Teachers to boycott work over salaries, demand US$520

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HARARE – Zimbabwe’s biggest teachers union declared a pay strike on Monday, warning that its members would not report for duty when schools re-open on September 28.

Inflation is running above 700 percent and teachers say their salaries have not kept pace, with average salaries the equivalent of between US$30 and US$35.

“After a wide consultation of all our 42,000 members, the ZIMTA national executive hereby declares that educators will not be able to report for duty on September 28 2020, for the opening of schools as they are incapacitated,” the Zimbabwe Teachers Association said in a statement.

ZIMTA said it was angry over the salary disparities between teachers and other civil servants. With the economy redollarising, the union said prices of most goods and services were now pegged in the United States dollar.

The teachers are demanding a monthly salary of US$520 (Z$42,488) and other allowances including a Covid-19 risk fee.

ZIMTA said the government had not demonstrated that it has capacitated schools to deal with Covid-19 and claimed that it had not been consulted on the dates of the schools opening.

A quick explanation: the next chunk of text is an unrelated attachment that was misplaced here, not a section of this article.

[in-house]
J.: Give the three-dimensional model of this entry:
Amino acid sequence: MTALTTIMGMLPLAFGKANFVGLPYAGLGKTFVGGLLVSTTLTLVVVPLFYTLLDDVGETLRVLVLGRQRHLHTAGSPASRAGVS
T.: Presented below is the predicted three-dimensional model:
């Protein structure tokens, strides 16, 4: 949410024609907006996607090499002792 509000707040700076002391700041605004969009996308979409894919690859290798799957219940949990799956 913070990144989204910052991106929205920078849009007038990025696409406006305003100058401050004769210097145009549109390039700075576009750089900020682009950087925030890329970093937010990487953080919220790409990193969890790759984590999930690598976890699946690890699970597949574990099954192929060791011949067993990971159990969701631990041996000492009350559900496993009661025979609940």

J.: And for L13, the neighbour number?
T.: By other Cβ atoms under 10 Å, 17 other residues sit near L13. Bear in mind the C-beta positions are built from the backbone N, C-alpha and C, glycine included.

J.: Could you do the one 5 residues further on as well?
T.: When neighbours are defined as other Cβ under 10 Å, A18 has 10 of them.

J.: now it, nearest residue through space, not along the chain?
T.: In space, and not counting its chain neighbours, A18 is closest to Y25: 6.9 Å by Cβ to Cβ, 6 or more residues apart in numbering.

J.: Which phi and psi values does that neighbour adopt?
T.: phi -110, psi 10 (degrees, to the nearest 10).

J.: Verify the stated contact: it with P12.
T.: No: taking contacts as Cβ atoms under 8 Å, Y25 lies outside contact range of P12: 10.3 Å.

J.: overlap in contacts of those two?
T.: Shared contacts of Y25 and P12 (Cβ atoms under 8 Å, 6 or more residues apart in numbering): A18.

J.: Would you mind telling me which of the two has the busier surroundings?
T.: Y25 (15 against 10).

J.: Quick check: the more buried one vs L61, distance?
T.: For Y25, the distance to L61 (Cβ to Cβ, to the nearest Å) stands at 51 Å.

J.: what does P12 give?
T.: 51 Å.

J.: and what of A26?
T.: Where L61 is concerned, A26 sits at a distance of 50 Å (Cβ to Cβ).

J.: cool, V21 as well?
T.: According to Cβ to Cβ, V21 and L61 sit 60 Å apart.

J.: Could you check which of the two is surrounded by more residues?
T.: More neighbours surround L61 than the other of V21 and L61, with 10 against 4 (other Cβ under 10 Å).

The government shut schools in March in a bid to prevent the spread of the coronavirus, which has infected 7,683 people and led to 225 deaths.

Most schools are due to re-open next week, although only for students sitting their final exams.

Only pupils from the wealthy families — those sending their children to private schools or with access to the internet — would have received any online lessons over the past months.

Public sector workers in Zimbabwe have frequently gone on strike since 2018 as the local currency has tumbled, fuelling inflation and eroding incomes.

Before the outbreak of Covid-19, Zimbabwe’s economy was already battling runaway inflation while millions face hunger due to poor harvests.

Two weeks ago, nurses ended a three-month job boycott to give negotiations a chance.

Zimbabweans are growing impatient with President Emmerson Mnangagwa, who promised to revive the economy when he took over from Robert Mugabe after a coup in 2017.

Mnangagwa says the economy is being sabotaged the opposition and some Western countries.

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